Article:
"Whether it's the day-to-day impacts of heat waves or looking at the aftermath of (Hurricanes) Katrina or Rita, these people … are those who are affected the most and are those who contributed the least to the problem," said Hadar Susskind, Washington director of the Jewish Council for Public Affairs, a national umbrella organization for Jewish groups. "At the same time, we have to make sure that whatever steps we do take to stop climate change don't hit (poor people) even harder with high costs."
Susskind told UPI he believes the provisions in the Lieberman-Warner bill allow the legislation to address both of these problems.
Others disagree, including Chad Stone at the Center on Budget and Policy Priorities.
Because the bill was drafted in the Environmental and Public Works Committee, which can't designate precisely where funds will go, the money intended for low-income families may not end up in the pockets of poor people, Stone said. That decision will be made by the Finance Committee if the legislation passes.
Even if all of that money is directed toward the poor, it will only be 7.5 percent of the total money raised in annual auctions, and that won't be enough to offset price increases, Stone told UPI.
"(That) is half of what you need to fully protect the low-income population from the impact on their budget of higher energy prices," he said.
Stone also said the delivery mechanism is flawed. Currently the bill proposes a large portion of the assistance, 3.8 percent of annual auction revenues, be allocated to utility companies to help their poorest customers. Not only do utility companies not have the information available to identify these people, Stone said, but much of the price increase will be seen in commodities other than electricity.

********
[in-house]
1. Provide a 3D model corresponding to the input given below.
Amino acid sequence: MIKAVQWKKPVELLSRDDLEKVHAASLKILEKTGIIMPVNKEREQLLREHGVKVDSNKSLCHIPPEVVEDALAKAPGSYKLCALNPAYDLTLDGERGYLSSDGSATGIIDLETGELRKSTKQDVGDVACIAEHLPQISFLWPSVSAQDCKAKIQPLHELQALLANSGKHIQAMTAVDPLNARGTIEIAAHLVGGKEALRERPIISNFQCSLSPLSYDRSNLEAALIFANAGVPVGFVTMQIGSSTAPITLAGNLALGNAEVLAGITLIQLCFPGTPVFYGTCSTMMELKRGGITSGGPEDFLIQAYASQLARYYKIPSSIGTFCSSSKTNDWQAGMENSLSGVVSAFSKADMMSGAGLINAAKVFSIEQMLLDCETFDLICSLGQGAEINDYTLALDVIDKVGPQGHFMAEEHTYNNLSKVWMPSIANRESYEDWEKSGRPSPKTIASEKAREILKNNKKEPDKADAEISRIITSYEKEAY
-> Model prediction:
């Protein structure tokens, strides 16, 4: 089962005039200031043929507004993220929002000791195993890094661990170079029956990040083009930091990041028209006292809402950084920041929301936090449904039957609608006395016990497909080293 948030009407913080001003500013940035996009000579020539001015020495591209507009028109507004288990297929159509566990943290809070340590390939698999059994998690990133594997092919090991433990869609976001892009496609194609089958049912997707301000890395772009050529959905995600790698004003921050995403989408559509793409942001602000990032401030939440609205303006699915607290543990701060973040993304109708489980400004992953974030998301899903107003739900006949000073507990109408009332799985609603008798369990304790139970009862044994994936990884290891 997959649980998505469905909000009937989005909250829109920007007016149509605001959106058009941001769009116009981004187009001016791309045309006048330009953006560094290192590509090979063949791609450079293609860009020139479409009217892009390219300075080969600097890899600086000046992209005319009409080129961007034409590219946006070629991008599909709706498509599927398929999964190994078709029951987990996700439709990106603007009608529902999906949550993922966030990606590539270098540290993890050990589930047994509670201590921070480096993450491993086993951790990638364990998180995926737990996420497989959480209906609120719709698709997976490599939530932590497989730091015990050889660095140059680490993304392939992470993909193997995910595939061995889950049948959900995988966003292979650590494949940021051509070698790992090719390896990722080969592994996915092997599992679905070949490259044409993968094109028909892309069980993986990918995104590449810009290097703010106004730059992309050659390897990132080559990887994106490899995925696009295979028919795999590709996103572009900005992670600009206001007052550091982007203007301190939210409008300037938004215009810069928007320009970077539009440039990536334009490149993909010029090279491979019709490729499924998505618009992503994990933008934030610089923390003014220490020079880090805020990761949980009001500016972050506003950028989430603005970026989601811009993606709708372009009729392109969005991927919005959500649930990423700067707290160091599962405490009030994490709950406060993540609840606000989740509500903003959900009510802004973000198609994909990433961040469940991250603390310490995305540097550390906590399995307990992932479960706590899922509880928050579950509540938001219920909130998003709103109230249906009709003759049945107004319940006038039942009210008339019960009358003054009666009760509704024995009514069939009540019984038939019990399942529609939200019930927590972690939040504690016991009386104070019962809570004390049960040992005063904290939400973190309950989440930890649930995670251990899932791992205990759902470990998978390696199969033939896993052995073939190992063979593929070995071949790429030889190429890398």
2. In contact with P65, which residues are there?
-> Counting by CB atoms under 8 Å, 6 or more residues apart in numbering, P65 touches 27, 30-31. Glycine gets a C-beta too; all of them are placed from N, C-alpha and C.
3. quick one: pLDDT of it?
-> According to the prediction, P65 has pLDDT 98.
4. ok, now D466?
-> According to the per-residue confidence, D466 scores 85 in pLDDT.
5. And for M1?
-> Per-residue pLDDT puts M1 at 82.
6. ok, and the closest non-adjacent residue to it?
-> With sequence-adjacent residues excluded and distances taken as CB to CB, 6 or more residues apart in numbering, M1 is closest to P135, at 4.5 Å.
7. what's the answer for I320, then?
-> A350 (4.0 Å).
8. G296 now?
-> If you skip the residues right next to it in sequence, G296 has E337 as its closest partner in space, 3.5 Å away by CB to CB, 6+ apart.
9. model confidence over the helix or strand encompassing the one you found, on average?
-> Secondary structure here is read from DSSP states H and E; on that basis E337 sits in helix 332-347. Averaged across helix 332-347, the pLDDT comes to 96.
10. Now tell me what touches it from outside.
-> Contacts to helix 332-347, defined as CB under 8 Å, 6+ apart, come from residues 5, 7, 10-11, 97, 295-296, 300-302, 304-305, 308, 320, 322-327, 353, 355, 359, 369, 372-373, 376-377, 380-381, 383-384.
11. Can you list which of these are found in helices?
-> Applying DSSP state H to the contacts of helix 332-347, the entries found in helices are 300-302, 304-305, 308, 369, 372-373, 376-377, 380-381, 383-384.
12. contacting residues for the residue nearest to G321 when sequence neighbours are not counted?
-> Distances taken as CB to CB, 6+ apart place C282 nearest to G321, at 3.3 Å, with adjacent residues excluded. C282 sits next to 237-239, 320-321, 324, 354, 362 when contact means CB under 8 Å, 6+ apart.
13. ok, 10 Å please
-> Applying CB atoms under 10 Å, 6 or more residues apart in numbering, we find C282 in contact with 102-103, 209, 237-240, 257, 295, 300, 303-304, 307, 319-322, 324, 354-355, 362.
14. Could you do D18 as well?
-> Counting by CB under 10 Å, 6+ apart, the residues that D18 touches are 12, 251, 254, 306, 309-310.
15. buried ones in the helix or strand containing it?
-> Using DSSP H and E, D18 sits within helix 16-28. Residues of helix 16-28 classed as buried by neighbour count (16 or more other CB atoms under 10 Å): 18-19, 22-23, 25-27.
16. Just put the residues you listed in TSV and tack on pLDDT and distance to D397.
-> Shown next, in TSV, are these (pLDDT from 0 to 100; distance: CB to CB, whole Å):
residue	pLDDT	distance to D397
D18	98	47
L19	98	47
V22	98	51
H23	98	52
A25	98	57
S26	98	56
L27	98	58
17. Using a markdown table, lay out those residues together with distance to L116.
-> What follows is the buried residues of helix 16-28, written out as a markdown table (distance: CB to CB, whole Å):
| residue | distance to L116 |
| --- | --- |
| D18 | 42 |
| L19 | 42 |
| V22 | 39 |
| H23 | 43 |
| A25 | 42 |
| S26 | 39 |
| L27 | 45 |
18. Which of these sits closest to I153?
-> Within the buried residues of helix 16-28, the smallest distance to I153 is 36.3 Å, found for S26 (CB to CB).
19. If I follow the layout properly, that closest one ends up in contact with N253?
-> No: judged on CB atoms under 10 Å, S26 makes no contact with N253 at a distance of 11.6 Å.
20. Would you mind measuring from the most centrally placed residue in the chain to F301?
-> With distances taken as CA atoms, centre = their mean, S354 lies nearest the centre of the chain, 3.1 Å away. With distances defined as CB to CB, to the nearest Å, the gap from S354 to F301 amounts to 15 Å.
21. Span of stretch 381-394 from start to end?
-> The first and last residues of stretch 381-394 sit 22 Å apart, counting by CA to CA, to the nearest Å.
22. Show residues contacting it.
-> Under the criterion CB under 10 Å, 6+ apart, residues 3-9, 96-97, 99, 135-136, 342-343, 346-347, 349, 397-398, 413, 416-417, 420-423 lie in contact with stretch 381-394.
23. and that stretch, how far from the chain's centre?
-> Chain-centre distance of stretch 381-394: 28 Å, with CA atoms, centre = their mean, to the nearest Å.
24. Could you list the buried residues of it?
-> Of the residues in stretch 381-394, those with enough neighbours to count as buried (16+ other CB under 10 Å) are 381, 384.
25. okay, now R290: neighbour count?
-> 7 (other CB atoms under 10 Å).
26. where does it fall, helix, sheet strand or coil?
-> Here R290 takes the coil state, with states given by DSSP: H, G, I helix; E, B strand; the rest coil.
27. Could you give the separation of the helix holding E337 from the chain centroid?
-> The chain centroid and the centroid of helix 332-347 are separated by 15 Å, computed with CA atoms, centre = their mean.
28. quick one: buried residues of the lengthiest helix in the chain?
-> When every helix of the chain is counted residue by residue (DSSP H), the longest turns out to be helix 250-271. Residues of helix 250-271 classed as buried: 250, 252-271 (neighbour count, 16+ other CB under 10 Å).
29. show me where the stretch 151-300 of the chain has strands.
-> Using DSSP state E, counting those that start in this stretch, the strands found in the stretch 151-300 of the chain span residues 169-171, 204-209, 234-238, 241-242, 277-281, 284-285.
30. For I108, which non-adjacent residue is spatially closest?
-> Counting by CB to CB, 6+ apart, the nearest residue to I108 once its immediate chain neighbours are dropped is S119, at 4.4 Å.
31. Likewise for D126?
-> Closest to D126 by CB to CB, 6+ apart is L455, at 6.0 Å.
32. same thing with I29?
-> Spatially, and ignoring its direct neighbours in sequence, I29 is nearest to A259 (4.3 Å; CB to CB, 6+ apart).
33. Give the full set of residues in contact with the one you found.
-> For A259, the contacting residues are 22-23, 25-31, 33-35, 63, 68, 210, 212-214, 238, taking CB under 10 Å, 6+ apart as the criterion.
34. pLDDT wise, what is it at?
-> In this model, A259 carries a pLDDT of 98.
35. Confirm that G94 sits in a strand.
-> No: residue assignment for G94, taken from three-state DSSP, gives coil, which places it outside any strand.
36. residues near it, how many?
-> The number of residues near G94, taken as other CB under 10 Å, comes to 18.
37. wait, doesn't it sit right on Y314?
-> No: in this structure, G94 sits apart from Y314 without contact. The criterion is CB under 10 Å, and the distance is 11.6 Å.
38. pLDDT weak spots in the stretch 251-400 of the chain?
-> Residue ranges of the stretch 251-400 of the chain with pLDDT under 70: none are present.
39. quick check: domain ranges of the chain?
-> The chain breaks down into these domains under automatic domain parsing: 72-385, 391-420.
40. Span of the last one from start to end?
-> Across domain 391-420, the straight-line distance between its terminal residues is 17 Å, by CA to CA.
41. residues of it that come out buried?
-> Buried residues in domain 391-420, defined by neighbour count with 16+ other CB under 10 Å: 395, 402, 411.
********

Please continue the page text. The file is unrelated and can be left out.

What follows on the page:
"If you're using utility companies to provide relief and a large percentage of the price increase is seen indirectly in gas and food prices, then the utility companies can't provide the necessary relief," he said.
Congress should use already existing federal programs, such as the food stamps and earned income tax credit programs, to deliver assistance, Stone said.
Providing help at home isn't the only important relief aspect of the bill for faith groups, though. It also establishes an International Climate Change Adaptation and National Security Program, which will use between 1 percent and 7 percent of annual auction revenues to help developing countries mitigate and adapt to climate change.
This addresses an important justice issue of the climate change debate, said Jennifer Kefer, climate and energy program coordinator for the Coalition on the Environment and Jewish Life, a Jewish environmental organization.
"The United States comprises 5 percent of the world's population, but is responsible for 25 percent of total greenhouse gas emissions," Kefer told UPI. "So it only seems fair that our domestic climate change policy include provisions to address this inequity."